The MBC5 is a relatively common MBC with high storage capabilities, supporting up to 512 ROM banks (8MB) as well as up to 16 RAM banks (128kB) which can, optionally, be battery-buffered. Additionally, the MBC5 supports an interface for a rumble motor.
The MBC needs to keep track of the following values:
- ROM Bank Number: Unsigned 9-bit number which determines which 16KB block of ROM is mapped to the memory region $4000 - $7FFF.
- RAM Bank Number: Unsigned 4-bit number which determines which 8KB block of external RAM is mapped to the memory region $A000 - $BFFF.
If the MBC has a battery (MBC type identifier $1B or $1E), the state of external RAM should be stored to a file when the emulator closes and reloaded once it starts the same game again.
For Rumble capabilities, see here.
$0000 - $1FFF (Enable RAM)
Writing to a memory address between $0000 and $1FFF enables external RAM if the lower 4 bits of the written value are
0xA. If they are not, external RAM will be disabled.
$2000 - $2FFF (ROM Bank Low)
Writing to a memory address between $2000 and $2FFF will set the lower 8 bits of the ROM bank value (used when reading from $4000 - $7FFF).
$3000 - $3FFF (ROM Bank High)
Writing to a memory address between $3000 and $3FFF will set the high bit of the ROM bank value to bit 0 of the written value (used when reading from $4000 - $7FFF). All other bits are ignored.
$4000 - $5FFF (RAM Bank)
Writing to a memory address between $4000 and $5FFF will set the RAM bank value (used when reading from $A000 - $BFFF)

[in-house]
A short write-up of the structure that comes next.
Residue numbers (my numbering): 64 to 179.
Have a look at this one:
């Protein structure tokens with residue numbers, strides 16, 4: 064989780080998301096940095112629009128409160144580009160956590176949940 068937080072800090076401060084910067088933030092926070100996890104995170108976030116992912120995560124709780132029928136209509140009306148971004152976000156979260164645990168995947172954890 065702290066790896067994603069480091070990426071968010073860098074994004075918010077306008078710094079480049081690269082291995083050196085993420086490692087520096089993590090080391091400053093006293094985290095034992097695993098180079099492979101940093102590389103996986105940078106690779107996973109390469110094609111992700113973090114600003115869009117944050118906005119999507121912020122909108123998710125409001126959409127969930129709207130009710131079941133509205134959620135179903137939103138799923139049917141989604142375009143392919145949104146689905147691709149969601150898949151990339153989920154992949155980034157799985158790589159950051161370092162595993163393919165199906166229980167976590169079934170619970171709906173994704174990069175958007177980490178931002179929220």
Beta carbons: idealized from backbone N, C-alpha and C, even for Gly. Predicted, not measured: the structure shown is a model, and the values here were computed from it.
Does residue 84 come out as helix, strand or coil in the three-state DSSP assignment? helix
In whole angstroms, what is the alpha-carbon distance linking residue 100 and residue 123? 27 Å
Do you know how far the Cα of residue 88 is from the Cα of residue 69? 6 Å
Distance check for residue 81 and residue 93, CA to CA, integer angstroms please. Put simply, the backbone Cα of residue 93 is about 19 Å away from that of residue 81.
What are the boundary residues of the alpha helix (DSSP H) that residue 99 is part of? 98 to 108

$A000 - $BFFF (External RAM)
Writing to a memory address between $A000 and $BFFF will write to external RAM at
0x2000 * RAM_BANK_NUMBER + (ADDRESS - 0xA000) if external RAM is enabled. If it is not, the write is ignored.
$0000 - $3FFF (ROM Bank 0)
Reading from a memory address between $0000 and $3FFF returns the byte at the corresponding address of the ROM file.
$4000 - $7FFF (ROM Banks 0x000 - 0x1FF)
Reading from a memory address between $4000 and $7FFF returns the byte at
0x4000 * ROM_BANK_NUMBER + (ADDRESS - 0x4000) of the ROM file.
$A000 - $BFFF (External RAM)
Reading from a memory address between $A000 and $BFFF returns the byte at
0x2000 * RAM_BANK_NUMBER + (ADDRESS - 0xA000) of external RAM if external RAM is enabled. If it is not, 0xFF is read.
If the cartridge features a rumble motor (indicated by an MBC type identifier of $1C, $1D or $1E), writes to the memory region $4000 - $5FFF are handled slightly differently. Bit 3 of the value written to this memory region is mapped to the rumble motor controller rather than the RAM bank selector. This means that RAM banks which would require bit 3 to be set cannot be accessed when a rumble motor is installed.
If bit 3 is set, the rumble motor activates until the bit is reset again.
In hardware, the rumble motor is part of a separate circuit. This circuit is closed by a transistor, which can be enabled by setting the
AA16 pin to high (which corresponds to bit 3 of the RAM Bank select section). The following is a schematic displaying a basic MBC5 rumble setup (based on Jeff Frohwein’s GameBoy Tech Page):
Example Usage in Pokémon Pinball
Pokemon Pinball features a setting for “Rumble Intensity”, allowing for “light” and “strong” rumble. On the original hardware, these effects are achieved by repeatedly turning rumble on and off. The longer the motor is turned on before bit 3 is reset to 0 the more “intense” the rumble effect feels.
Using the “light” rumble option, the following wave is observed on the rumble motor circuit, showing the motor being on for an average of ~9.4ms before being turned off again:
The “intense” rumble option results in the following waveform, which shows the motor being on for an average of ~17.5ms before being turned off again: